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    Steam Valve Radiator Thermostat - Any Good? (5 Posts)

  • ElmerJay ElmerJay @ 4:19 PM
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    Steam Valve Radiator Thermostat - Any Good?

    Hello all,
    I want to use a thermostat connected to the steam valve release that shuts off the valve when the temperature is reached, thereby turning the radiator off.
    Rather than using a thermostatic steam valves that connect to the steam pipes coming into the radiator, like the one I looked up one on the web such as the Danfoss Non-Electric Actuator Zone Valve Dc1040.

    So I have basically two questions:
    1. Is setting each room by itself just a dumb consumer band-aid and the
    real problem of the steam system should be fixed if the house can't be heated properly?
    2. Is there a problem with using the release valve instead of the intake valve?

    Thank you very much
    ElmerJay
  • nicholas bonham-carter nicholas bonham-carter @ 6:49 PM
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    thermostatic radiator controls

    if your system is well maintained, these valves [trv's] can even out the hot spots in your system. they must not be installed on a radiator next to the thermostat. they will not do a good job of compensating for inadequate main [not rad] venting.
    is your system 1-pipe or 2-pipe, as the valves used vary depending on application.
    if your system was installed/sized correctly in the beginning, simple corrections may restore it to more even operation, however, if changes to the structure/room layout have been made, then trv's may be a help where an over-sized radiator now exists in a now-smaller room.--nbc
  • Rod Rod @ 2:21 PM
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    TRVs

    Hi- You didn’t mention whether you have a one pipe or a two pipe steam system.  The type of system is determined by the number of pipes connected to each radiator (ie 1 pipe = a 1 pipe system,  2 pipes = a 2 pipe system)   TRVs (Thermostatic Radiator Valves) can be very useful.  I use TRVs on about half of the radiators in my home. They are really handy in the bedrooms and also allow me to shut the heat off in unused rooms to save fuel. (The minimum setting is 42 degrees so this makes sure the room doesn’t freeze)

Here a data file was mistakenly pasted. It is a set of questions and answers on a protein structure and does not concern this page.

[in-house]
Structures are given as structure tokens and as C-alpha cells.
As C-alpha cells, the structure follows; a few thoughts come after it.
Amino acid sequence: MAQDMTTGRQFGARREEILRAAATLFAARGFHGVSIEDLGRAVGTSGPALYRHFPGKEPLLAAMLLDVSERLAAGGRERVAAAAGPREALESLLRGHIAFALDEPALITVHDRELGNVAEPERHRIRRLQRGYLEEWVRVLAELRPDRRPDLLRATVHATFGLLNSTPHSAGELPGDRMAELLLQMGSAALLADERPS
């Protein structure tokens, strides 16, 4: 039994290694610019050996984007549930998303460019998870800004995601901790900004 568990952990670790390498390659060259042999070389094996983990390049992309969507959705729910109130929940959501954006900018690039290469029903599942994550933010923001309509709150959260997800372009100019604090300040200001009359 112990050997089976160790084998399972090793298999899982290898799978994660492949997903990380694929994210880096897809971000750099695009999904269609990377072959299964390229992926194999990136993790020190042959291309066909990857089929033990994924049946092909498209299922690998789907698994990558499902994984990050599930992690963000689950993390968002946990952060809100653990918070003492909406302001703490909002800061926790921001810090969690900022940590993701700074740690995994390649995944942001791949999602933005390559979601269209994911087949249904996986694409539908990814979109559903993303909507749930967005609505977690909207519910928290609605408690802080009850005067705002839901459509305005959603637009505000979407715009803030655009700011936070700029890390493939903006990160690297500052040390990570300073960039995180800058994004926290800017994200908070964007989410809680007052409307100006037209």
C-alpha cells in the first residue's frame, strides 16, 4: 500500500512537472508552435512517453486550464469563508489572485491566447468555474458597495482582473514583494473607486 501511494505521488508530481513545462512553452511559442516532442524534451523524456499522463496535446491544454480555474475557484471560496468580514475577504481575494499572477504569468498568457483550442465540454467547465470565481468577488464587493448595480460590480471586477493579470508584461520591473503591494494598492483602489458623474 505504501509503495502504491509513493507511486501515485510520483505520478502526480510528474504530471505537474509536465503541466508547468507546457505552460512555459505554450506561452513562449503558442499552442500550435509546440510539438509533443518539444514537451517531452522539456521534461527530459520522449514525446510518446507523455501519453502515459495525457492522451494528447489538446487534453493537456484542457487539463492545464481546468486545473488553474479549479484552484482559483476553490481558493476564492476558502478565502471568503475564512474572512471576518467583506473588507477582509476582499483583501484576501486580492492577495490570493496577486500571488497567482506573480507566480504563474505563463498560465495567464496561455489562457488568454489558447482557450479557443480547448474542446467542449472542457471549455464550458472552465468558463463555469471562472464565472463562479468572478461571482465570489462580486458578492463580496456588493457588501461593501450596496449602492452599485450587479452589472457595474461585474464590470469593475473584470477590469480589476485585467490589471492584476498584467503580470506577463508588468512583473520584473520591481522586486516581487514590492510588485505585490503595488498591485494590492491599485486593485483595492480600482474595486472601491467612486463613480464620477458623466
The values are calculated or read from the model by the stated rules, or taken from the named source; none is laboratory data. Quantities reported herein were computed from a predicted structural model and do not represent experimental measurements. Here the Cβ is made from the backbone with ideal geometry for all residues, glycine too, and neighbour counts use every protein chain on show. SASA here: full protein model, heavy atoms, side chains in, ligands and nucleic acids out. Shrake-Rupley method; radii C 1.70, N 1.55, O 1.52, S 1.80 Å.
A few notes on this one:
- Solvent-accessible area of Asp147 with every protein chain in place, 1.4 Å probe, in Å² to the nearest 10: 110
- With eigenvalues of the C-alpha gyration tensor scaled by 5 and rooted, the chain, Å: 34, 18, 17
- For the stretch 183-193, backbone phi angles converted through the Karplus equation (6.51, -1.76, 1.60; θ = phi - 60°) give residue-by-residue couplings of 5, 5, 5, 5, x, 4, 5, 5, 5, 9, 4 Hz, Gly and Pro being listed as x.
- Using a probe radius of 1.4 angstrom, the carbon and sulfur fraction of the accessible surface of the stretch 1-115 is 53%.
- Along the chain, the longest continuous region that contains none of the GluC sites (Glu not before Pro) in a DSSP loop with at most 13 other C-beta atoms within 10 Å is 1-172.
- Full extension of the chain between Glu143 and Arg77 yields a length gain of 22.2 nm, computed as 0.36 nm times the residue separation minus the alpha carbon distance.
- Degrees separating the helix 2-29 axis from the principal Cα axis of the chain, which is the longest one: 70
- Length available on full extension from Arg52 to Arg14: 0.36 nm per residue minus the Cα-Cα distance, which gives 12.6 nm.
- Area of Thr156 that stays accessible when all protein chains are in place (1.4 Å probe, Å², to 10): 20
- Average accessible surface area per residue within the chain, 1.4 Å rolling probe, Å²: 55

If you system has some issues you probably want to get those resolved first before using TRVs. If you are having problems let us know what they are and maybe we can advise you as to how to deal with them.  If you don’t have them already, you might want to take a look in the SHOP area on this website as there are some great books on steam heating which will be a big help to you. They have saved me thousands of dollars by enabling me to make my steam system run more efficiently and economically.  I’d start with “We Got Steam Heat!”-
    http://www.heatinghelp.com/products/Books/5/61/We-Got-Steam-Heat-A-Homeowners-Guide-to-Peaceful-Coexistence
    Below is a little “burb” on TRVs and I have attached a Danfoss sheet on the 1 pipe model TRV which might be of help to you.
    - Rod

    TRVs
    TRVs stand for Thermostatic Radiator Valves.  They are used on hot water and steam systems to regulate the heat output of the radiator.  

    2 Pipe TRV -On a two pipe steam system, the TRV is installed on the inlet pipe and shuts of the incoming steam when the temperature reaches the adjusted setting on the TRV.

    1 Pipe TRV - On a one pipe steam system the TRV works on a different principle. The TRV is installed between  the radiator and the steam vent.  A one pipe steam TRV also needs a vacuum breaker to allow air back into the radiator when the boiler shuts off.  (Note - On the TRVs mentioned below , the Macon TRV, the vacuum breaker is external and on the Danfoss TRV, it is internal (built in).
    It is important to get the proper model TRV to match the type (1 pipe or 2 pipe) of system you have.